The Coming Corporate Sanctions Enforcement Storm (Part I of II)

There are some things you learn best in calm, and some in storm.  Willa Cather

I know I sound like a broken record.  The Justice Department’s white collar criminal enforcement  has been trending down over the last few years.  The reasons for that are unclear — is it resources, difficulty and length of investigations or just lack of initiative? 

Whatever the cause may be, one area that will be interesting in 2024 is criminal sanctions enforcement.  DOJ’s planned aggressive push of criminal enforcement against companies and individuals for sanctions violations is about to be unleashed.  There is no question that DOJ’s enforcement initiative is coming — it is just a question as to when.

Sanctions Enforcement Case Elements

We have already seen several examples of what aggressive sanctions enforcement will lookj like — as the new “FCPA,” we can expect several standard elements —

  • Large Penalties — multi hundreds of millions, even reaching billions in ore egregious cases.
  • Reward for Voluntary Disclosures
  • Criminal Indictments, Deferred or Non-Prosecution Agreements
  • Independent Compliance Monitors
  • Parallel Regulatory Resolutions with OFAC, BIS and or DDTC
  • Enhanced Compliance Remediation Requirements
  • Individual Criminal Enforcement

How Will DOJ Identify Cases?

Like other enforcement areas, DOJ has a variety of sources for initiating enforcement actions.  These include:  (1) Voluntary disclosures; (2) Regulatory referrals from OFAC, BIS and DDTC; (3) Referrals from global financial institutions that flag transactions for potential sanctions violations; (4) International intelligence and law enforcement relationships that have been expanded in response to Russia and Iran Sanctions Programs; (5) Cooperating witnesses in prior cases and competitors who learn of illegal conduct; and (6) whistleblowers and disgruntled employees.

in the next few years, sanctions and export control enforcement will resemble FCPA enforcement  — the model for DOJ corporate enforcement is well established through FCPA, healthcare fraud and other priorities.

Two Examples: British American Tobacco and SAP

DOJ has resolved two significant sanctions cases in the last few years.  While the Binance, cryptocurrency fraud case resulted in a $4.3 billion resolution and included sanctions violations penalties of nearly $1 billion, the British American Tobacco case from 2023 and the SAP case from 2021, provide clear examples of DOJ’s  sanctions-focused strategy.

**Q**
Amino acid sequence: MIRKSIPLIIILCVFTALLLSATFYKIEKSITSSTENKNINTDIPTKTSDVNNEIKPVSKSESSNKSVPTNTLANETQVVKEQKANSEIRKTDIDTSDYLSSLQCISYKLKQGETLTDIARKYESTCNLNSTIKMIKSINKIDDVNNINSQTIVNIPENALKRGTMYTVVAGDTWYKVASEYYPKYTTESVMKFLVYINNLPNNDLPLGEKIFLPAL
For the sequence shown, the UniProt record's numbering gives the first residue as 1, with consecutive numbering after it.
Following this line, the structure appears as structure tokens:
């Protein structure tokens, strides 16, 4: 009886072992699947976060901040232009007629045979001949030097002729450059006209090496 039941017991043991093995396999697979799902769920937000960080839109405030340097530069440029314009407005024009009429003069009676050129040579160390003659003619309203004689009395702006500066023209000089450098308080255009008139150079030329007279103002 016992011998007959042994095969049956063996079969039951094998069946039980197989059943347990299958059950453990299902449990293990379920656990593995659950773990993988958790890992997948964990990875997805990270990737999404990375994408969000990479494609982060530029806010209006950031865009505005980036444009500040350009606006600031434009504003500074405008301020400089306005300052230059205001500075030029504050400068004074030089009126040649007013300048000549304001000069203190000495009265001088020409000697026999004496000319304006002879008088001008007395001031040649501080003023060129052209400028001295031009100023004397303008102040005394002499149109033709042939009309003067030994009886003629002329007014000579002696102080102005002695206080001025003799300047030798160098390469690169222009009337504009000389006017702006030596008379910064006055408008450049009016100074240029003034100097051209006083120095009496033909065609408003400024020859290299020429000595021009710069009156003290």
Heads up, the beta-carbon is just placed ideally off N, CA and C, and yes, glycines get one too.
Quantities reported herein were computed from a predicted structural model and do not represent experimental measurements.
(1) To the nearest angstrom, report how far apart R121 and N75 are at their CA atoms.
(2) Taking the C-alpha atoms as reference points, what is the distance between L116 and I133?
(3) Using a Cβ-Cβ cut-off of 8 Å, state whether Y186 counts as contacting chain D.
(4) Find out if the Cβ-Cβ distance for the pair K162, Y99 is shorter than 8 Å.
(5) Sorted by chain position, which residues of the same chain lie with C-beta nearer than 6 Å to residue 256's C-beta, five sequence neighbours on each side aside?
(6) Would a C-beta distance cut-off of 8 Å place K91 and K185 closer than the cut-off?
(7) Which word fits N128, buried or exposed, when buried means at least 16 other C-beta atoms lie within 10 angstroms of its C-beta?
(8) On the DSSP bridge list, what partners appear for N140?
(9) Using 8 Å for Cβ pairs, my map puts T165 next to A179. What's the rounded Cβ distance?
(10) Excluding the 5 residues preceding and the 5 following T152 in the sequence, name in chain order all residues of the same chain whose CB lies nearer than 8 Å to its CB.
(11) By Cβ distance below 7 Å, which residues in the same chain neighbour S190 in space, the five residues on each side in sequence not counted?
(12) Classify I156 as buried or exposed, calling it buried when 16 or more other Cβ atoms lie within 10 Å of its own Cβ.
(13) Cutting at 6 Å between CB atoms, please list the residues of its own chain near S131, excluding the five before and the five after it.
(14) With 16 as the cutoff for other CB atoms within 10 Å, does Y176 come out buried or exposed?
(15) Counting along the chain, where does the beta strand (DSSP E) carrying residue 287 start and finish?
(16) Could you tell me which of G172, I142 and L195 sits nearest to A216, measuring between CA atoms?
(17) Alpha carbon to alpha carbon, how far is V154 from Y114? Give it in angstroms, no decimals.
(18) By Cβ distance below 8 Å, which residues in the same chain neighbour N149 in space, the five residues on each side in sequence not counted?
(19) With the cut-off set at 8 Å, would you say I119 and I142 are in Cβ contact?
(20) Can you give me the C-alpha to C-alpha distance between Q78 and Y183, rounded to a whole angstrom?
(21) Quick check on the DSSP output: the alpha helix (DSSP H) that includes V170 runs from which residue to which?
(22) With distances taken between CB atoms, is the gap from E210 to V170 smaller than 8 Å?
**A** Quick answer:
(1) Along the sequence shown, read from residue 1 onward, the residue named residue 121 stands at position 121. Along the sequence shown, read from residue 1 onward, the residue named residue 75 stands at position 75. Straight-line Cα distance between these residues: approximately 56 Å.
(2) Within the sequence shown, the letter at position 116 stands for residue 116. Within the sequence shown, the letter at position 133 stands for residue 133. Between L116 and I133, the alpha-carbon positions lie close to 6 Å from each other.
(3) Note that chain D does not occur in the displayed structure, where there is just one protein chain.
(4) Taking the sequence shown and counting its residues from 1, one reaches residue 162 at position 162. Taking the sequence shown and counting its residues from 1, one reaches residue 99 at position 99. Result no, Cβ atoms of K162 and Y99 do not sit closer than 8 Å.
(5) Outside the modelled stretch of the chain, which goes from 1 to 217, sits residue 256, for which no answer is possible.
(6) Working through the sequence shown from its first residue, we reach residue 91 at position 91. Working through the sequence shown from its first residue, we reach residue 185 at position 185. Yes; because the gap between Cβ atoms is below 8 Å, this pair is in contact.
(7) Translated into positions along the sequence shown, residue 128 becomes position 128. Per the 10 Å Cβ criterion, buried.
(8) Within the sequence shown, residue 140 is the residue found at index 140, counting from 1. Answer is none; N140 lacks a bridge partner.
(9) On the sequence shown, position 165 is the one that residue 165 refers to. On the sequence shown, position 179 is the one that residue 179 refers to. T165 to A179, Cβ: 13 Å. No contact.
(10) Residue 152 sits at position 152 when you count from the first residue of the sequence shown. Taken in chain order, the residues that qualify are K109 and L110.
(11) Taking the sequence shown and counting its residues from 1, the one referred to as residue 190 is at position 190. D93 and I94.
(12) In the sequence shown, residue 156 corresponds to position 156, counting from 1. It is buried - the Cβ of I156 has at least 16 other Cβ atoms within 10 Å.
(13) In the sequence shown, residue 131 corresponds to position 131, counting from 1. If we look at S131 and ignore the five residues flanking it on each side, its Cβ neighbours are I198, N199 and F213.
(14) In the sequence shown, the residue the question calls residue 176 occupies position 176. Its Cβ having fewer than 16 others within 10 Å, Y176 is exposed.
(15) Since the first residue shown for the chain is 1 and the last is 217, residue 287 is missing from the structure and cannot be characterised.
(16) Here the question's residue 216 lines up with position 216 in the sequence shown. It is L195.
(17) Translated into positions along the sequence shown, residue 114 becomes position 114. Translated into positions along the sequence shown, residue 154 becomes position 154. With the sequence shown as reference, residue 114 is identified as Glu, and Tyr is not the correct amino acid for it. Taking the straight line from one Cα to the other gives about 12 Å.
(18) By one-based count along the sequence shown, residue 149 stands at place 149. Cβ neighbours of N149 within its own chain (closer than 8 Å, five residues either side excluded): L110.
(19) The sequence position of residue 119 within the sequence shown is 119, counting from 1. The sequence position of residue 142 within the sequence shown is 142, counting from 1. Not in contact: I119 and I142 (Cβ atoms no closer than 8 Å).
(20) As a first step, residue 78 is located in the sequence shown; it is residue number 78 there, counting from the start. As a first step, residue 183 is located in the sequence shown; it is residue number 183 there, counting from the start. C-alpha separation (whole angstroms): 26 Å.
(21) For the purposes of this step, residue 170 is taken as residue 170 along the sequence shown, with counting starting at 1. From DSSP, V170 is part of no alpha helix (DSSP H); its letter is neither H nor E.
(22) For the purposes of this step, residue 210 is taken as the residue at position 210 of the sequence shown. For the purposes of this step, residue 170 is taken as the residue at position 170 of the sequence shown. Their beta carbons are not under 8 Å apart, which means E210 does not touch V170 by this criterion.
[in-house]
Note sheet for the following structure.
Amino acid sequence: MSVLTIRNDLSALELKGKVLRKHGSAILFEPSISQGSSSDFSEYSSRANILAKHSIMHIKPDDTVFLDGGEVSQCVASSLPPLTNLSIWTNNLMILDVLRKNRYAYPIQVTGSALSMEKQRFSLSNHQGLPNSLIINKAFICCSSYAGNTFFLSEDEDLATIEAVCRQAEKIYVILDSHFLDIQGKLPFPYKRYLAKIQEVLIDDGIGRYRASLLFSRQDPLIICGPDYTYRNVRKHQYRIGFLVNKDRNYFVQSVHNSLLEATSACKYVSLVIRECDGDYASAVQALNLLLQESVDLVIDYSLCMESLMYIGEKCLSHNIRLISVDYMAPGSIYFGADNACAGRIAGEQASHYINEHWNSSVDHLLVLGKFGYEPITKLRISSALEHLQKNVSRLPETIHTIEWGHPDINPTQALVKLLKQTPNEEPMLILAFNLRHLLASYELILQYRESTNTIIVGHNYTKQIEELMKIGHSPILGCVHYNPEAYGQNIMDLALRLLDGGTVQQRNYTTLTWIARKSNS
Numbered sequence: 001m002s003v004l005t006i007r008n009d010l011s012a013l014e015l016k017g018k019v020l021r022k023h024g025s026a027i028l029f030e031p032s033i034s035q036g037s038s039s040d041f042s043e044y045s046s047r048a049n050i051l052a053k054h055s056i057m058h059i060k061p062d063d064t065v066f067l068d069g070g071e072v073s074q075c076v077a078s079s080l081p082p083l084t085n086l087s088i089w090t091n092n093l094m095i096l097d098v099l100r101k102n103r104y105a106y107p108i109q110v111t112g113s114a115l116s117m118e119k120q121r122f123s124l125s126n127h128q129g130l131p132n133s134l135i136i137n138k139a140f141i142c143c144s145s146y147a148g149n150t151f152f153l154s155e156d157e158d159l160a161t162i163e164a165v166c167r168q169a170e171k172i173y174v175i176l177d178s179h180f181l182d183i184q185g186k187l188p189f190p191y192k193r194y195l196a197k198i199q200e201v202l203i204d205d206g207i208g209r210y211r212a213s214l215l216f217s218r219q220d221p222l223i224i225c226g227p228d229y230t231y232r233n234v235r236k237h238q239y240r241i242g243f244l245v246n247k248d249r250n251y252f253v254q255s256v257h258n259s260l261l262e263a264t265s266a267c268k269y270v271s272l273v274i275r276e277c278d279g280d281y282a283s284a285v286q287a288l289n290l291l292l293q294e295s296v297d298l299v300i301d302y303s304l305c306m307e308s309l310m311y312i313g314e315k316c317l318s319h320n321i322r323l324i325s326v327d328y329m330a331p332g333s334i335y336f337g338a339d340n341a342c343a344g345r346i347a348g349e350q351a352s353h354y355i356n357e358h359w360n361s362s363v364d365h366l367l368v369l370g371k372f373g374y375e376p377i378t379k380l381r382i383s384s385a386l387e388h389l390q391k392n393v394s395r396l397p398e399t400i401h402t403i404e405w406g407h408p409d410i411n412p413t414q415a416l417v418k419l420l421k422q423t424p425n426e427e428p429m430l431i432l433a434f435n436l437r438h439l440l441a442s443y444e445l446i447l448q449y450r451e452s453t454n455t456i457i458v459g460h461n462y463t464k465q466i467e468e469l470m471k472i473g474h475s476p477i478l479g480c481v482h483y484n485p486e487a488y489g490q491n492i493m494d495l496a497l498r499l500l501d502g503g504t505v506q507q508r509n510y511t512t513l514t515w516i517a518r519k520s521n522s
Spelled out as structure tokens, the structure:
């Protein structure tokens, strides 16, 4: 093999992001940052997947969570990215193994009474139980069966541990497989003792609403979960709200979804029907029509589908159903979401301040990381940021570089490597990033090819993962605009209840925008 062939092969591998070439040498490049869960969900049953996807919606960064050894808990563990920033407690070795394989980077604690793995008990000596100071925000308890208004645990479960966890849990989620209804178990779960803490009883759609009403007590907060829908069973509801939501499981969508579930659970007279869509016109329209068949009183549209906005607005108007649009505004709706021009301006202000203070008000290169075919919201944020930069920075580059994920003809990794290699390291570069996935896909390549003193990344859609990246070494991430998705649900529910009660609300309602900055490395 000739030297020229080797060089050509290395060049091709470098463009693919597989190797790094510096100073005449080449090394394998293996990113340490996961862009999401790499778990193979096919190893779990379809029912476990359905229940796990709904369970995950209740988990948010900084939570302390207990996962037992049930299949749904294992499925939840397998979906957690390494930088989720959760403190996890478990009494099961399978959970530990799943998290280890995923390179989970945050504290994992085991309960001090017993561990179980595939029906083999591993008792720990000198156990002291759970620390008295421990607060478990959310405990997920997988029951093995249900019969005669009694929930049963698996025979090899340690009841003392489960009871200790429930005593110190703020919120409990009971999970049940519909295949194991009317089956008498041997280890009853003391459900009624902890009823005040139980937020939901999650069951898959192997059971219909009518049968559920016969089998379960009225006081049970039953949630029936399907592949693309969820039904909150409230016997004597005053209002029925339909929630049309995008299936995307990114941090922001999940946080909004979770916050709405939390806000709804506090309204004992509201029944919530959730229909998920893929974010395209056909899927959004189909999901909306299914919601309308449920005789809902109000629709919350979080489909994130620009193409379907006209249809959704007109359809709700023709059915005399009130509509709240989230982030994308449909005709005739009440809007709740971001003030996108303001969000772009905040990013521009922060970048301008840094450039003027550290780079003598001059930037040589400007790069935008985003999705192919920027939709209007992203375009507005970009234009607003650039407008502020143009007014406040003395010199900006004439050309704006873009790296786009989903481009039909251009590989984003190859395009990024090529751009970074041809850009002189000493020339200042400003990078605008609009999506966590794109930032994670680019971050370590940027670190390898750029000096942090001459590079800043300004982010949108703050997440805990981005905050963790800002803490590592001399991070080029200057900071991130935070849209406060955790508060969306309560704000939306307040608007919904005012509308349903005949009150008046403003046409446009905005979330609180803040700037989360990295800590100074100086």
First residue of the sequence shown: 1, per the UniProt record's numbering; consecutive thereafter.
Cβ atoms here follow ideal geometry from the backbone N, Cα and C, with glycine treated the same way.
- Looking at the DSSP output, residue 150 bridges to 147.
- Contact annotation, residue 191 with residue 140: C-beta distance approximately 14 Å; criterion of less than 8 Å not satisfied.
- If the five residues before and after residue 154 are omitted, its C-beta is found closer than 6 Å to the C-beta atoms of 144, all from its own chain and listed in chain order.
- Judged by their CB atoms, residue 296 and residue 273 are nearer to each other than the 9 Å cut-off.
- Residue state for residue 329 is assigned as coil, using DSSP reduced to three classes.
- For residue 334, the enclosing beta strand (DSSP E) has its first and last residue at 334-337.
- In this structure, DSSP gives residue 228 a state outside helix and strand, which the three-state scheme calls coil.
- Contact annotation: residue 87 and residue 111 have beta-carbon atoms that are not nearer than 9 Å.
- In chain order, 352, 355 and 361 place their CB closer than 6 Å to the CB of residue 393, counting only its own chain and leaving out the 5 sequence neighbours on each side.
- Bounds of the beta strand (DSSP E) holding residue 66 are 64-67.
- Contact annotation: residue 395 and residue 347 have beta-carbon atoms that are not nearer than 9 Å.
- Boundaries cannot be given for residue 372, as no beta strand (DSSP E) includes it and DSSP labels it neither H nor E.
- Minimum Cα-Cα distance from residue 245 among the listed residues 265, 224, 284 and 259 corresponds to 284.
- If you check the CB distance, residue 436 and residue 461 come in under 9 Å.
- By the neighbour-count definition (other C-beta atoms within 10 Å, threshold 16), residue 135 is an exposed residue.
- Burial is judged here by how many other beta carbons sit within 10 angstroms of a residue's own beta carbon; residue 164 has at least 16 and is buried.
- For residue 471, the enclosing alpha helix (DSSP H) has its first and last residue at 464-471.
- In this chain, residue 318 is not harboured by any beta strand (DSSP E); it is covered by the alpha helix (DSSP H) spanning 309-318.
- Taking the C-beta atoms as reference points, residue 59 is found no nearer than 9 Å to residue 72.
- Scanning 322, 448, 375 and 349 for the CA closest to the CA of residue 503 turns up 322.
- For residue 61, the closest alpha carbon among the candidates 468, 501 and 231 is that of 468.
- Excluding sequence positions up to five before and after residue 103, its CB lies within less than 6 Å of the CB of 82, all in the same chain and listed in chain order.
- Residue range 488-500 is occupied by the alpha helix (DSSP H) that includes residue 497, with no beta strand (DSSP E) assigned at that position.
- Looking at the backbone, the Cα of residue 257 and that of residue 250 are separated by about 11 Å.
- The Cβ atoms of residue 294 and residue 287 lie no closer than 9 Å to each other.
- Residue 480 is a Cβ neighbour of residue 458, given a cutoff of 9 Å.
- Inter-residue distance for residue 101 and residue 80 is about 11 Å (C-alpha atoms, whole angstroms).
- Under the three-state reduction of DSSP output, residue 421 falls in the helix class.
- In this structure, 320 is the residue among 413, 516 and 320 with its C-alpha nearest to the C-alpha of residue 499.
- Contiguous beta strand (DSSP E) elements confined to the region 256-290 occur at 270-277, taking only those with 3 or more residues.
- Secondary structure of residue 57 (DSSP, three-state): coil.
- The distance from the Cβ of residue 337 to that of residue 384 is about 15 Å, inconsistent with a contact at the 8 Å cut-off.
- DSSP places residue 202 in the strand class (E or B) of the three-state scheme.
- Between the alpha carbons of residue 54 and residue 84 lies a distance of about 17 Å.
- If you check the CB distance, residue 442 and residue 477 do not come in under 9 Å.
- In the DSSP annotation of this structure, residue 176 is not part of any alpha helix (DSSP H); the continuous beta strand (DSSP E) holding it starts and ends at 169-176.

DOJ and OFAC collected $629 million from British American Tobacco for its long-running scheme to sell cigarettes to North Korean customers.  BAT set up a fake joint venture partner, pretended to divest its interest in North Korean business, and engaged in numerous illegal transactions with North Korean customers as a continuing source of income.  BAT’s strategy was executed with the knowledge and complicity of senior BAT executives. OFAC achieved its largest penalty for a non-financial institution of $508 million. DOJ charged three individuals who facilitated the transactions. 

In the SAP case, DOJ reached an $8 million settlement for SAP’s long-running scheme of providing downloads of SAP software and updates to customers and distributors in Iran.  SAP engaged in extensive remediation and voluntarily disclosed its illegal conduct.  In today’s environment, SAP would be lucky to receive a resolution at less than hundreds or millions for its illegal activities.

Candidates for Future Sanctions Enforcement

DOJ’s initiative will arrive with a splash.  One possibility — Seagate’s blatant violation of Huawei export controls.  BIS already reached its largest administrative penalty of $300 million.  DOJ’s absence from the enforcement action was conspicuously noted.  Seagate’s conduct was willful and blatant.  They knowingly entered into illegal business despite the fact that its competitors publicly announced they would refuse to conduct business with Huawei. 

Seagate’s trade off and decision reflected a calculated desire for profits weighed against the supposed “cost” of an enforcement action.  If DOJ does not follow up on this factual scenario, it is hard to identify a more worthy case.

Seagate’s blatant disregard for the Huawei sanctions will find political support from Capitol Hill, which has been critical of Seagate’s conduct.

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